Kasatkin observed that the part of the body in distress is often portrayed literally, though not necessary happening to oneself. In one case translated by Van de Castle, a doctor saw a patient in a dream being mugged in the street. The patient's kidney was lying detached from the body. It turned out that the doctor himself had a seriously infected kidney.

The work of these two researchers has been reflected in many other sample cases reported by other researchers, but has not been fully studied in any kind of laboratory condition. New studies are finding parts of these theories true.

Mark Solms investigates the world of brain disorders. For several years he has investigated and compared dream reports with neurological information. Lately, this has included MRI brain scans. Though his conclusions offer little specific advice, they do indicate that general types of dreaming anomalies occur in tandem with specific problems with the brain and the area warrants further research.

Health related dreams may be different in men and women. Robert Smith studied about 100 patients at Michigan State University College of Human Medicine and looked for "Death Scores" and "Separation Scenes." Death scores had references to graveyards, funerals, wills and physical body failures. Separation had to do with social disruptions i relationship. For men who came in the hospital, it was the death score dreams that indicated a deterioration in health. But for women, it was separation dreams. Just a caution. These studies were done with patients who were all already identified as cardiac problem patients. Just having a death dream or separation dream is no indication in itself of problems. Jung noted, for example, that patients who did die suddenly rarely had dreams about it, as if the dream maker wasn't particularly concerned by such events.

Robert Haskell, a cognitive psychologist, offers a viewpoint on dreams & health that may be helpful. He feels that dreams offer us a "cognitive monitoring system." His research into dreams and health include hundreds of studies in psychotherapy as well as somatic medicine. He found that dreams do seem to reflect internal somatic conditions, often predicting them and even more, are a good way to explore how the patient is coping with these conditions.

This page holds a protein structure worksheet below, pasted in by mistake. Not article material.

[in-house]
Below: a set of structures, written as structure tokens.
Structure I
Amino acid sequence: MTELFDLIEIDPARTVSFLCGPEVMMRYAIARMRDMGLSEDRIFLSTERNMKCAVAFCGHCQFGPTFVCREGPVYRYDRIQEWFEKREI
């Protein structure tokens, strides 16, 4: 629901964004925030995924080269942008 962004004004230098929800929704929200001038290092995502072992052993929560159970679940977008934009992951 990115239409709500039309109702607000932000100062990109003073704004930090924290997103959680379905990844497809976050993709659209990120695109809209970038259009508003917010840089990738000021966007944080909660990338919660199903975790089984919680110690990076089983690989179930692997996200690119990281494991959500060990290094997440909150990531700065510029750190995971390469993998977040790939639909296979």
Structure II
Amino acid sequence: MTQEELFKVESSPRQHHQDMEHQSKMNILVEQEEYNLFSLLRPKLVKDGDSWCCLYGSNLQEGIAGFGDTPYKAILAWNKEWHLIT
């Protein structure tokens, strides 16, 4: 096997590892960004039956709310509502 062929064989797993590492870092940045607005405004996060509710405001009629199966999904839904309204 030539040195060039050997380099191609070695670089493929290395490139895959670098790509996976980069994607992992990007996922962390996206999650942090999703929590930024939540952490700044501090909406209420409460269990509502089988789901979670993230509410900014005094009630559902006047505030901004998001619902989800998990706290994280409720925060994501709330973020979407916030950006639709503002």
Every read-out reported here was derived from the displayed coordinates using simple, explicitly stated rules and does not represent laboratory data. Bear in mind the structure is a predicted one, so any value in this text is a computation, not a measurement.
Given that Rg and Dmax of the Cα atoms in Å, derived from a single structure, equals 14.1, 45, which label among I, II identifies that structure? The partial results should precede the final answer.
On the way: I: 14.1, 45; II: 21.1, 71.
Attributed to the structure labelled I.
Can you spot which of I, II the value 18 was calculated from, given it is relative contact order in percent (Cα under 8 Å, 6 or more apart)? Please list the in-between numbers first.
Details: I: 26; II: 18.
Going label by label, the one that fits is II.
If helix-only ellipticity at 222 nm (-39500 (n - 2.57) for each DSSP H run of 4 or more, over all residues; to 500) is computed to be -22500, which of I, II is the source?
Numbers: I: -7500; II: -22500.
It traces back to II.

o Dream and Health Practices

There are many case histories of people using dreams to find cures. One of the most historically famous being a dream of Alexander the Great, who dreamt of a dragon with a plant in his mouth. He send soldiers out to find the plant, which was located where the dream indicated and it cured Alexander's sick friend, Ptomemaus.

Locating healing cures in dreams is usually the providence of Shamans, specially trained individuals who travel in various states of ecstasy to find cures for their community. But modern dreamers often find cures as well. Van de Castle relates a story of a woman who had been on antibiotics after an operation and was suffering from a chronic vaginal yeast infections. Failing traditional treatment, she tried the advice of a friend and took folic acid. She had a dream with two parts, one of moving bowls of acid around her kitchen and another of her kitten gobbling up brown yeast and strawberries. She stopped taking the folic acid and tried the yeast tablets, which produced remarkable results for her.

Patricia Garfield has also documented many dreams that have healed people. In one case a woman had suffered for years with severe migraine headaches. In a dream she was taking care of an old woman. The dreamer wanted to leave to take care of her own family, but decided to stay and help the old woman. The old woman finally died. The old woman's husband and son came to visit the dreamer and indicated they would help the woman with her headaches as she had been so kind to the old woman. They laid their hands on the dreamer and when she awoke, she stopped having headaches. This was a condition that had lasted for nearly 40 years and was spontaneously relieved by a dream.

It is interesting to note that many of the spontaneous healing dreams involve a person or animal that touches or interacts with the dreamer's body in the dream, much like the ancient Asklepion dream sanctuary practices. However, there is little evidence outside of anecdotes that is available. What does seem clear is that dreams can pick up clues from the body and do so often long before the dreamer is consciously aware of them.

o Conclusion

While much research is still needed, it seems clear that persistent and painful dreams about the body are worth exploring, if not for their predictive value, then for the opportunity they offer in exploring our own experience of our life condition. Attention to dreams brings a wide variety of benefits, ranging from insight and understanding to healing and wholeness. They are a gift that naturally occurs every night and need only a little attention to be one of our best friends in our journey of heath.

o Recommended Readings on dreams and illness

Achterberg, Jeanne (1985). Imagery in Healing. New York, NY: New Science Library.

Garfield, Patricia (1991). The Healing Power of Dreams. New York: Simon & Schuster.

Jung, C. G. (1964). _Man and His Symbols_. New York, NY: Doubleday.

Taylor, Jeremy (1992). _Where People Fly and Water Runs Uphill: Using Dreams to tap the Wisdom of the Unconscious._ New York, NY: Warner Books, Inc.

Van De Castle, R. L. (1994). Our Dreaming Mind. New York: Ballantine Books